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Crisis Looms Over Transition Leader’s Appointment In Mali

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Fresh crisis looms in Mali as popular opposition movement has rejected a charter for a transition government backed by the ruling army officers who ousted President Ibrahim Boubacar Keita.

The military junta backed a charter for an 18-month transition government on Saturday, after a three-day forum with political parties and civil-society representatives.

But the June 5 Movement, which took part in the talks, later rejected the roadmap in a statement, and accused the junta of a “desire to monopolise and confiscate power”.

It also said that the discussions had taken place against a backdrop of “intimidation, antidemocratic and unfair practices worthy of another era”.

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Conclusions from forum working groups were not reflected in the final document, the June 5 Movement said, pointing for example to broad support for a civilian transition president.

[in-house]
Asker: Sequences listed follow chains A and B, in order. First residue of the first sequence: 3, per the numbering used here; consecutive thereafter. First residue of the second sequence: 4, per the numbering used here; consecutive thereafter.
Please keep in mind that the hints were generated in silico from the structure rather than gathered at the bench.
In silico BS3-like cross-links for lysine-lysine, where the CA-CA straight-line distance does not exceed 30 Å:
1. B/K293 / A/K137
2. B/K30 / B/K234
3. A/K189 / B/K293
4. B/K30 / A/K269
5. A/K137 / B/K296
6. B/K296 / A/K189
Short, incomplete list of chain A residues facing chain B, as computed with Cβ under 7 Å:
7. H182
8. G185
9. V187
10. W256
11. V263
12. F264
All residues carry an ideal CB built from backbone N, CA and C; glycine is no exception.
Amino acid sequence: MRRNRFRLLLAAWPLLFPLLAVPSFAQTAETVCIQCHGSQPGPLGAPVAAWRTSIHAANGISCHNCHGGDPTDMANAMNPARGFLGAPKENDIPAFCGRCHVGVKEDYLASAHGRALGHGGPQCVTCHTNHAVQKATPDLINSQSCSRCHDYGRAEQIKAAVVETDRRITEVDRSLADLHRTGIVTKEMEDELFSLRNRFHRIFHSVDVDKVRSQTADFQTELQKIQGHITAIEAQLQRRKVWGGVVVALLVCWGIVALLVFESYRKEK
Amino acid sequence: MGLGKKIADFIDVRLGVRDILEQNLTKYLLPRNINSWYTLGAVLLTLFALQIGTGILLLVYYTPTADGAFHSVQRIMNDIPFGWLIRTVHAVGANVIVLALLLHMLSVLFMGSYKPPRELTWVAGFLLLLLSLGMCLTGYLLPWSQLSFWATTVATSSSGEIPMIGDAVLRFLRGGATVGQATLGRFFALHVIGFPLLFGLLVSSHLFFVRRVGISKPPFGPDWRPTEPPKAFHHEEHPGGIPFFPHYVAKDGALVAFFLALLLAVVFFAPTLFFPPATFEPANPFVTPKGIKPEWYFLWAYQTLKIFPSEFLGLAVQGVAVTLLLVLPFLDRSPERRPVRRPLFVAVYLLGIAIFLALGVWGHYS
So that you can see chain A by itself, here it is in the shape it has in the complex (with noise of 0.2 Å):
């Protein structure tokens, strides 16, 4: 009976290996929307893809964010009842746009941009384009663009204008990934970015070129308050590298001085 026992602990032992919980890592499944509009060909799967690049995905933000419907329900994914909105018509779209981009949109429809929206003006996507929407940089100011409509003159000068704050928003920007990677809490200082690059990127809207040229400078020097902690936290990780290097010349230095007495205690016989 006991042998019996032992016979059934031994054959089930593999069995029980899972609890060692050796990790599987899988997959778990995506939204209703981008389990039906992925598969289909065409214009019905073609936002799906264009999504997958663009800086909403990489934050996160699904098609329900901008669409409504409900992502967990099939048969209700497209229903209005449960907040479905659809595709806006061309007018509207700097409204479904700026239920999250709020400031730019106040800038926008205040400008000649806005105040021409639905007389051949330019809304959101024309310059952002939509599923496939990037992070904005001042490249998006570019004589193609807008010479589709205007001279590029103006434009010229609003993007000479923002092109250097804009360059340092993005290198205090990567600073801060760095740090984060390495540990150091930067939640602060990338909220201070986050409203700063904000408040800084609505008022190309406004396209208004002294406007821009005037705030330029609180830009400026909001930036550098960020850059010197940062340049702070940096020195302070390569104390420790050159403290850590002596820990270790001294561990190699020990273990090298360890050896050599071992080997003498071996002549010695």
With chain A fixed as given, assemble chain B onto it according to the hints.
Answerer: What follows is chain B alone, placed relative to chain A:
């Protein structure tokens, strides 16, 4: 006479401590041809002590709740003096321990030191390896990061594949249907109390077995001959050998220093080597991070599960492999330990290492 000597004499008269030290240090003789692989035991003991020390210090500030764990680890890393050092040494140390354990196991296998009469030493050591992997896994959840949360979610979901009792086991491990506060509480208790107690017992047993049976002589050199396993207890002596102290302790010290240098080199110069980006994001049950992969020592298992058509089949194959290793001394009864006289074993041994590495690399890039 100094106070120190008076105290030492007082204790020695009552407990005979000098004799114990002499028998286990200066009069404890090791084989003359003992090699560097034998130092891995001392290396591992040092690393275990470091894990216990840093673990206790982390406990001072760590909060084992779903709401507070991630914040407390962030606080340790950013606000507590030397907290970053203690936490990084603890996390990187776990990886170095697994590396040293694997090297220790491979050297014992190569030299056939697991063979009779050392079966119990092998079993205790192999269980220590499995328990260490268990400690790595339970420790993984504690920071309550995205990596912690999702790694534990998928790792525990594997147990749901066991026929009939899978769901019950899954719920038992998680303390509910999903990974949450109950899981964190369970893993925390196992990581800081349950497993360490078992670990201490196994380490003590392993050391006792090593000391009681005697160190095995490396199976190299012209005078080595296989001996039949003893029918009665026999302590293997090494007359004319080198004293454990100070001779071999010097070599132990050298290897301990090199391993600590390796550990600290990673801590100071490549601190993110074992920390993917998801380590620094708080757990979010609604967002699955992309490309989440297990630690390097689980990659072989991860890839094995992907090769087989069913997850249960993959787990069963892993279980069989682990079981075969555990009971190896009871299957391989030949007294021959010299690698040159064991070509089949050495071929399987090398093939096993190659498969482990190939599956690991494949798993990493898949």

A committee chosen by the junta, which was overseeing the talks, adopted the final version of the charter by acclamation on Saturday.

Either a civilian or a military officer can become transition president, the committee’s rapporteur told delegates.

AFP has not seen the final version of the charter.

However, an earlier version seen on Saturday stipulated that a junta-appointed committee would pick the transition president, raising questions about the military’s influence.

The June 5 Movement is a loose coalition of opposition groups, religious leaders and civil figures who organised a months-long wave of protests against President Keita, which led up to his ouster and arrest in a military coup on August 18.

Some seats in the 121-person legislature foreseen in the charter are reserved for members of the movement.

Credit: AFP

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